Later that evening we saw a van pull up with a trailer that had two Bike Fridays on the back. Literally every person at the campsite that night (camp host excluded) had a bike and was a cyclist! In the morning we said goodbye to the bike tourists and took our Vayas out on some gravel forest roads in the area. We noticed that the couple with the Bike Fridays were gearing up for their own day ride too. My guess, though I didn’t get to ask them directly, was that they were going to ride some signed portion of the Old West Scenic Bikeway.

After our gravel ramble in the forests we drove up to Austin House Cafe, one of our favorite stops along the OWSB and TransAM route. There we shot an interview with the owners Christy and Jeff to see how things have been since we last saw them. They have operated Austin House Cafe and have been providing awesome service to cyclists for the last 13 years. We’ve heard numerous stories of them opening up when they are closed (Tuesdays and Wednesdays) to cyclists that they see huddled under their porch.

They have a guestbook and encourage cyclists to sign it and are becoming a bit of a destination for bike tourists. In talking to them it was interesting to hear that they have noticed a fair amount of people who are riding the Old West Scenic Bikeway specifically. Another interesting observation was that those that were on the OWSB were more likely to stop and eat than just cross-country tourists. For us, this makes perfect sense having been both cross-country riders and more recreational bike travelers. When you are riding cross-country you have to economize and are probably more likely to pass on certain experiences because of time/budget constraints. When you are doing a shorter loop or more vacation-oriented tour, you are more likely to be leisurely and stop along the way. After some awesome hamburgers and great conversation at Austin House Cafe we pushed off and promised to come visit when we were in the area again.

Our next stop was Prairie City. Last year, we had met Rhianna who was operating Roan Coffee Company. She told us about some plans to have a repair station in the shop. It was awesome to see that she had followed through in a big way! Right outside her shop is a big banner that advertises a free repair stand for bicyclists.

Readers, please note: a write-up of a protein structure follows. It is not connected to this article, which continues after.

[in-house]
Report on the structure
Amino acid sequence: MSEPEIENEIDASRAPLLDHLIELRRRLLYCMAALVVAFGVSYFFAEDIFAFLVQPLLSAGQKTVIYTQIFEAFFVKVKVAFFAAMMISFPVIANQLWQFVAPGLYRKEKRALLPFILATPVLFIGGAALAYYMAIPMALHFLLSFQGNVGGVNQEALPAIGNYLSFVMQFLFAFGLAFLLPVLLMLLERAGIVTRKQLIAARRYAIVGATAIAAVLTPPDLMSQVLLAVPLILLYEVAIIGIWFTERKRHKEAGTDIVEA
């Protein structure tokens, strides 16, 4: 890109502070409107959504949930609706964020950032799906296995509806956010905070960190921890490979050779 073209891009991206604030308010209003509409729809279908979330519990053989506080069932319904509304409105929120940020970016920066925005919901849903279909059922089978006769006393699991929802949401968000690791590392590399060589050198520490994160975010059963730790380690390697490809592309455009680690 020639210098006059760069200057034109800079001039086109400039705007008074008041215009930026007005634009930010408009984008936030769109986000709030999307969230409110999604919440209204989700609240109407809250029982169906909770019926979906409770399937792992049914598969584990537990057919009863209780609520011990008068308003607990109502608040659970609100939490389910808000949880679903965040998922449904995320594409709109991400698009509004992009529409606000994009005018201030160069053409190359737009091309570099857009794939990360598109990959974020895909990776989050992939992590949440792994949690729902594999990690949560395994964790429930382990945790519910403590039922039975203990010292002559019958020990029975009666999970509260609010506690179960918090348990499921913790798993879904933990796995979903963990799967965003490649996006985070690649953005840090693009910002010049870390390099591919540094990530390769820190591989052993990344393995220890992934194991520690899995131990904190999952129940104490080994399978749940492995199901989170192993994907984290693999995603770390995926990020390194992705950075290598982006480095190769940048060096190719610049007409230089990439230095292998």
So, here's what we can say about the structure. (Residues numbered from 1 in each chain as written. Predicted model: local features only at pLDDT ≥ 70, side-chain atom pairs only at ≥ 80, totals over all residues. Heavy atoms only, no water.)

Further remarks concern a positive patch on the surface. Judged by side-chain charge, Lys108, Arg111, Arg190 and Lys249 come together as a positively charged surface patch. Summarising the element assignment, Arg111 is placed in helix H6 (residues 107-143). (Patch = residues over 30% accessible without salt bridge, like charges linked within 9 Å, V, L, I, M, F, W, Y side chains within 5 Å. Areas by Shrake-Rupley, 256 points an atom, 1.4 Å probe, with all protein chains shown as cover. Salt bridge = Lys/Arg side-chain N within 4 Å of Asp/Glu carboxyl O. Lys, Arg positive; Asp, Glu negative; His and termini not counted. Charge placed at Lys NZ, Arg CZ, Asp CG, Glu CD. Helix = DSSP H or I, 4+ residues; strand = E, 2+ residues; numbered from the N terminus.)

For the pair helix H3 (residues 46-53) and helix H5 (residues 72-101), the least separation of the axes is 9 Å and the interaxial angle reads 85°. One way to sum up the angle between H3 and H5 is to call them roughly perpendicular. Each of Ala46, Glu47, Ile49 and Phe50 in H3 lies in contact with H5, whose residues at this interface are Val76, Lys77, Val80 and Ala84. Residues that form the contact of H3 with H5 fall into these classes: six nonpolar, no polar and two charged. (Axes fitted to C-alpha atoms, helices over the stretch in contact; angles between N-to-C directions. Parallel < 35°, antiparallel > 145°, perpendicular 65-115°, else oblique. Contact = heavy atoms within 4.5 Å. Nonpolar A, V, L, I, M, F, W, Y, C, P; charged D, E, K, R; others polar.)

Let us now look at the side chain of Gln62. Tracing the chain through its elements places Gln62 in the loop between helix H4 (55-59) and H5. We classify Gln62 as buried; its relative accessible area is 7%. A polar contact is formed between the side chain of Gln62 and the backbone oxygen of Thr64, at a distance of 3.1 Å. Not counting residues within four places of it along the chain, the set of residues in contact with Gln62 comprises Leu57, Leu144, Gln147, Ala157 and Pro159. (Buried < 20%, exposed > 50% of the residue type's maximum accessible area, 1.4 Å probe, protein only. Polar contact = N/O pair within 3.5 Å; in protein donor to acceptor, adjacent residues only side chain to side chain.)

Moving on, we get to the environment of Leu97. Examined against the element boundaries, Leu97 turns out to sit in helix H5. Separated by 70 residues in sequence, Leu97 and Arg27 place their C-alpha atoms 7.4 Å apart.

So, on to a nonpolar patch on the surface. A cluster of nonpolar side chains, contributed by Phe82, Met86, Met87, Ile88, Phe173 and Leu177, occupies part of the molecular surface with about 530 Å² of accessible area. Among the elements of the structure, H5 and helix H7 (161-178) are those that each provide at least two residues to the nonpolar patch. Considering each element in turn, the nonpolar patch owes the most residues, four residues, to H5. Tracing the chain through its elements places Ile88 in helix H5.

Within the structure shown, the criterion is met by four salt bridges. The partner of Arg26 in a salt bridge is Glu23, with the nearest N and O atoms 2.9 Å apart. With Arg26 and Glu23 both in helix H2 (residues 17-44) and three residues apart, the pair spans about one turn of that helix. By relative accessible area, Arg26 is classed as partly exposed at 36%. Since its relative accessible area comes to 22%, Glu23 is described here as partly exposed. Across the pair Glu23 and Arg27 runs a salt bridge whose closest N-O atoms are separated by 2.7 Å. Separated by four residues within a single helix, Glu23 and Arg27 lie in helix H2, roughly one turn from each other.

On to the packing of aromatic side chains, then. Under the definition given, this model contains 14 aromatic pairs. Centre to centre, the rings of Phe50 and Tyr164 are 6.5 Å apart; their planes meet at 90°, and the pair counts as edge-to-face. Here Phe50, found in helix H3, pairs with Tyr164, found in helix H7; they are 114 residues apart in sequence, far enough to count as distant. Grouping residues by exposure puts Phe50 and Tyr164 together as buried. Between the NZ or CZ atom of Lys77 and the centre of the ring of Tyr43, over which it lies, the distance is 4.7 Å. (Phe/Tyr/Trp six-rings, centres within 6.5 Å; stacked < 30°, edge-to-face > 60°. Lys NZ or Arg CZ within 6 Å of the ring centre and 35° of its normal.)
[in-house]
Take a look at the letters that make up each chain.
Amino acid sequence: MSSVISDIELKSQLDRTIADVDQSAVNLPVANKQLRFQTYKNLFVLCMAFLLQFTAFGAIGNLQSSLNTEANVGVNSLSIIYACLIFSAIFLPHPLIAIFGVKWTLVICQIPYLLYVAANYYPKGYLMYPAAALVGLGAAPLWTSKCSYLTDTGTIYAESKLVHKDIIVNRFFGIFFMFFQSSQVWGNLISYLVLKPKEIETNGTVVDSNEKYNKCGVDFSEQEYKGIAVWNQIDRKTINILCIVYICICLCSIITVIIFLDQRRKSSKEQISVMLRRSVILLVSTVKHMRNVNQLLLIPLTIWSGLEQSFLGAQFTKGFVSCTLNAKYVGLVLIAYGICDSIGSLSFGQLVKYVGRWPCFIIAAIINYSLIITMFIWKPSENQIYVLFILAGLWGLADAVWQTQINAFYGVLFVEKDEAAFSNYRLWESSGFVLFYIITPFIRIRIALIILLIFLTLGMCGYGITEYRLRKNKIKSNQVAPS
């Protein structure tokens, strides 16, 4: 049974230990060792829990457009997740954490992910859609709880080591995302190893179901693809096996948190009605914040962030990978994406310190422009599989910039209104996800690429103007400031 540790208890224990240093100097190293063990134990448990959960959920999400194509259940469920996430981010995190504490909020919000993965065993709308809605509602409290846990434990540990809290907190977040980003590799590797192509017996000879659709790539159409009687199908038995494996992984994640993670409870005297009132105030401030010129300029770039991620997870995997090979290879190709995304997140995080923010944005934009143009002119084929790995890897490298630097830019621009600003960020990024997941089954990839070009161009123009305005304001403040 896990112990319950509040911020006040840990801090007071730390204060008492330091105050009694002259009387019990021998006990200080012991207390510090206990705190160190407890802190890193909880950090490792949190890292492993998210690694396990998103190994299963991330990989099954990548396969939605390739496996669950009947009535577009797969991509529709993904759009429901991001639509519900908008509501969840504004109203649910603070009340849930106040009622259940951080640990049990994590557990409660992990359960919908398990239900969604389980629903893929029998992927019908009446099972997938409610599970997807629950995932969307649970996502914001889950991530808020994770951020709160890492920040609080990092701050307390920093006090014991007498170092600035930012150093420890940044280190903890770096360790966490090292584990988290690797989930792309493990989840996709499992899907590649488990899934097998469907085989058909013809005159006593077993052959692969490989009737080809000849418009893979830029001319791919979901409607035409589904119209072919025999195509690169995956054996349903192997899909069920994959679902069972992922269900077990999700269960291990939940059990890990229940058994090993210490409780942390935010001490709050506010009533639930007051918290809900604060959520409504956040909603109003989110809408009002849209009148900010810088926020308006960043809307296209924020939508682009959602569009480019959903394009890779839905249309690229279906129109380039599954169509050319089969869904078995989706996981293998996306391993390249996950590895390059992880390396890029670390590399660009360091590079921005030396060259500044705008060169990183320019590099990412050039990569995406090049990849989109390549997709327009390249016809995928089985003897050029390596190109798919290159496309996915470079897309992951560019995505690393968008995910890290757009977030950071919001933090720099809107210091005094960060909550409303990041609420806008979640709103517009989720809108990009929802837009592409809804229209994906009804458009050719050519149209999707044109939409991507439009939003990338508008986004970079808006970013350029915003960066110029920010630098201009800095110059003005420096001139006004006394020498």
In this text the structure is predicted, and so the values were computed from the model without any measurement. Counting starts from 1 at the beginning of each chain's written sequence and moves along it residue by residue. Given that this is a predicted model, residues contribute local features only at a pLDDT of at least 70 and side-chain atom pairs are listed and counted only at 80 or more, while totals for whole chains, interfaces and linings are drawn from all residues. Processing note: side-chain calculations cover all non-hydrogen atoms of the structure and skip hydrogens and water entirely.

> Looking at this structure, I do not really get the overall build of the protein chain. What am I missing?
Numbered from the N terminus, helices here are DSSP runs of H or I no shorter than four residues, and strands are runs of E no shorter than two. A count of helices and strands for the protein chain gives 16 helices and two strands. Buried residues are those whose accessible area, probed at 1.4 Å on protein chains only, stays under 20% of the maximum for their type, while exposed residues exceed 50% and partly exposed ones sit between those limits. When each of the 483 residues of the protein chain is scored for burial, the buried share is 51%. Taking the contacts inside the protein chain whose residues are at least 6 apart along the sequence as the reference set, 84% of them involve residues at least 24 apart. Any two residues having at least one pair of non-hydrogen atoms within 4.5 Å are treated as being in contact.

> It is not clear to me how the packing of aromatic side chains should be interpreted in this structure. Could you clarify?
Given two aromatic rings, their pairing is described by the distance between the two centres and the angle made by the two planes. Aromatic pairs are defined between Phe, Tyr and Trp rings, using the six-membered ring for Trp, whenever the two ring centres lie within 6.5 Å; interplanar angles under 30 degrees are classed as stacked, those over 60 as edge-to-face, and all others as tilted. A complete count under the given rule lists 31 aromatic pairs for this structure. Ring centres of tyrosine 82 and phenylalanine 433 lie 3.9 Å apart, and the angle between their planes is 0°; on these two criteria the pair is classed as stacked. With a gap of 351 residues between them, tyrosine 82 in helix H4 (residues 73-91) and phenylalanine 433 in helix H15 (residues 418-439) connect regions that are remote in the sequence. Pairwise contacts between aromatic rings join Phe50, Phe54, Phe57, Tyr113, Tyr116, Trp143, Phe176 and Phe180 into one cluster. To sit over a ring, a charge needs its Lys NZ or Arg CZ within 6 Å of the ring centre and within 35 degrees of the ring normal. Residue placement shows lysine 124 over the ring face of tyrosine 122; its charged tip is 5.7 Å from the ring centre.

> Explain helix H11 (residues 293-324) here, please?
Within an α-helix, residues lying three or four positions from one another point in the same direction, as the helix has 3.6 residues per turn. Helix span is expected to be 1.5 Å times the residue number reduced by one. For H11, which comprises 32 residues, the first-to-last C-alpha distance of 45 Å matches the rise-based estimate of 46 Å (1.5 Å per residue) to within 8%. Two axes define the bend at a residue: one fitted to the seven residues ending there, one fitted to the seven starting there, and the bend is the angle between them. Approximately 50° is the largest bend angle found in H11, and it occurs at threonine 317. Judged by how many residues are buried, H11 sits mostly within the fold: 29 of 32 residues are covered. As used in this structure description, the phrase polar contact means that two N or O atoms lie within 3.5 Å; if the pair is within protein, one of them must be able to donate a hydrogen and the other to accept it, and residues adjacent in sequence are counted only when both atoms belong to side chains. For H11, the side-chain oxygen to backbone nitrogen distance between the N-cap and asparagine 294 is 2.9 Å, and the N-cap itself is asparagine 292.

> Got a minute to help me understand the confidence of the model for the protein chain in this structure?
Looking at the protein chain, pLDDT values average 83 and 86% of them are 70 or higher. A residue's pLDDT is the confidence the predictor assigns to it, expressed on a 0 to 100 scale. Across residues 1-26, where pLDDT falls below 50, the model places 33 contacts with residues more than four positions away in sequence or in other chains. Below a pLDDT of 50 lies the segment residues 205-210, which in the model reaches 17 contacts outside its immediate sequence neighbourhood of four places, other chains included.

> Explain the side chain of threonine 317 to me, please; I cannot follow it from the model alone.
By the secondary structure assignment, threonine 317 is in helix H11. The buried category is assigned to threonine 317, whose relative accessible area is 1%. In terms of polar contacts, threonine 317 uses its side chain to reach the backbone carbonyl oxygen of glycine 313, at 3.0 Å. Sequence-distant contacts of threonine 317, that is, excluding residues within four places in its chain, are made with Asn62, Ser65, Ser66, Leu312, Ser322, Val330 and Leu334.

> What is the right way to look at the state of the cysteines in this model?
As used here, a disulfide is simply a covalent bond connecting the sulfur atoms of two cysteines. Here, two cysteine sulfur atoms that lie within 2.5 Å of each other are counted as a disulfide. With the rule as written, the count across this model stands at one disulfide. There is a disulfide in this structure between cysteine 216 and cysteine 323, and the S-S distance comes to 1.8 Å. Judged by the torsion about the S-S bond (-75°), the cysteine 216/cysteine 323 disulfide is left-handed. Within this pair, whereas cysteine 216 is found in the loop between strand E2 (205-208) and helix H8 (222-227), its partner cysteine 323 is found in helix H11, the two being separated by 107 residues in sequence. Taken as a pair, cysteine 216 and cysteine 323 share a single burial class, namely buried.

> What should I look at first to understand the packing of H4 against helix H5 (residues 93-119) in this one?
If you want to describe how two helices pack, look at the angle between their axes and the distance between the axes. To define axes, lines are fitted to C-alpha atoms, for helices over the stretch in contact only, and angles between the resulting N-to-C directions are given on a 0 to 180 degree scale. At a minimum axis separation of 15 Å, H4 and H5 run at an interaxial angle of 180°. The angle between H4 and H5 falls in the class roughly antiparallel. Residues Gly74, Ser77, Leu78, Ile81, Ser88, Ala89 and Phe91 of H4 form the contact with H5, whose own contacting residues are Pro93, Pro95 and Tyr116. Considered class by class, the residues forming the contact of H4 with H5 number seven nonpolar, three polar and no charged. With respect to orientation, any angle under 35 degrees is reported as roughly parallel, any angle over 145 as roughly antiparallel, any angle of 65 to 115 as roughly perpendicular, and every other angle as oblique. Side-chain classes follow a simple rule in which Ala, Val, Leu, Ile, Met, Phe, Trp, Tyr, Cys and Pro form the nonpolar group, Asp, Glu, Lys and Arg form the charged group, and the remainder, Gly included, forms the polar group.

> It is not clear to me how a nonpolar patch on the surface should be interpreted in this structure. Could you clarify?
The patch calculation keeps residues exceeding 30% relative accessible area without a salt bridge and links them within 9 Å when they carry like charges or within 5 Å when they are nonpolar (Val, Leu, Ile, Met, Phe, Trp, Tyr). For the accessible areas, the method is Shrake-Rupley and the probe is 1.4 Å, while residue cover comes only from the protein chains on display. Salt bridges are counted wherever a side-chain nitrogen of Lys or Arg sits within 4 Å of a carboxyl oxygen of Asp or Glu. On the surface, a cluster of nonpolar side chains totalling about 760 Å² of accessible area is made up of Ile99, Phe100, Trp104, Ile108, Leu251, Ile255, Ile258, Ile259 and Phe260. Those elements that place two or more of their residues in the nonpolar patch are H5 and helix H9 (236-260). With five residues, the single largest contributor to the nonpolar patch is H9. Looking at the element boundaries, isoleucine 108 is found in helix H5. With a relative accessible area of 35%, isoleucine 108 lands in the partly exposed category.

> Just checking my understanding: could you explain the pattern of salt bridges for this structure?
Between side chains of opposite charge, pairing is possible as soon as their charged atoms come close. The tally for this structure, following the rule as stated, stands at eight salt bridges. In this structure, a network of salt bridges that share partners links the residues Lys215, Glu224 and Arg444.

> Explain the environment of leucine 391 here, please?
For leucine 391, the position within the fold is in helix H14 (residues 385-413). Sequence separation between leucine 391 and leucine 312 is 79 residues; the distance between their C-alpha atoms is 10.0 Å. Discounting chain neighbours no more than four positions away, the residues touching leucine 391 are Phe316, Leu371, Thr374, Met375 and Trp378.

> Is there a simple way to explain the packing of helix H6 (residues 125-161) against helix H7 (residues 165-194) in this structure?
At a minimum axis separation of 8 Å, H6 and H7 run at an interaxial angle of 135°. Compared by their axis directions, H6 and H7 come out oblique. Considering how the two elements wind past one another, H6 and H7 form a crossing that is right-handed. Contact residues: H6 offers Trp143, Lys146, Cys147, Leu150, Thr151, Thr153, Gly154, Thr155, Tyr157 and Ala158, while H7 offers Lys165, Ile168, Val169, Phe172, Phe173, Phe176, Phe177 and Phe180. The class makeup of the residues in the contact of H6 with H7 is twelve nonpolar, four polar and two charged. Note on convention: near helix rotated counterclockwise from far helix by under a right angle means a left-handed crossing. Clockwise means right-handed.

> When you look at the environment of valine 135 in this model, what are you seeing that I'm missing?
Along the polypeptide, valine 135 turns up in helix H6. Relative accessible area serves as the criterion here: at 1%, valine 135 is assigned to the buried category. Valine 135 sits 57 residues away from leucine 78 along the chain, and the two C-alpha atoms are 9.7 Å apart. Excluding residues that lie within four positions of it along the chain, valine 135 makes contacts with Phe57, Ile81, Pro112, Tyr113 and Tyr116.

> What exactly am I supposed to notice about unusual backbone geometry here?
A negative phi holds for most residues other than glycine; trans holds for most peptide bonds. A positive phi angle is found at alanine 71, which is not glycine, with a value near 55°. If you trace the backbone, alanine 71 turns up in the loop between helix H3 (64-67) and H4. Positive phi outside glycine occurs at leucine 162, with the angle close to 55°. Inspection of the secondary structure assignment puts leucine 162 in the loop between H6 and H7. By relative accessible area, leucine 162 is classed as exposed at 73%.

Not only does she have a repair stand and a pump, but a set of tools, miscellaneous small parts, tubes and tires. She told me that she worked with Sellwood Cycles to help assemble their repair kit. If you’re going through Prairie City on the TransAm or OWSB route, be sure to stop by and grab some pastries and espresso at Roan!

This summer marks the first full year that the Old West Scenic Bikeway has been designated and advertised. When we first rode it to film and photograph it, we loved it and knew it was special but wondered if others would make the journey as well. Talking to businesses and people in the small towns along the route it is obvious that it is making a difference. Cyclists are coming out to some of the most remote parts of Oregon to ride their bike and they are spending money buying food and staying in accommodations.

Now, no one is making money hand over fist and retiring in a year just yet, but cyclists are starting to discover Eastern Oregon, ride their bikes there and contribute to those local economies. Just as heartening it is to see cyclists in tiny towns like Monument, OR is to see businesses along the way (who aren’t cyclists themselves) put up a bike banner on their wall or leave a bike by their roadside sign. The Scenic Bikeway program is about bridging that urban/rural divide as much as it is an economic development tool through bicycling. The most gratifying moment for us was to run into the couple from Chicago at the town park. It was great to know that the photos and video we created made them want to take the journey out to Eastern Oregon, that they were having an amazing time and were helping some of the small rural businesses along the way. It’s those moments that give us hope that bicycles can indeed save small town America.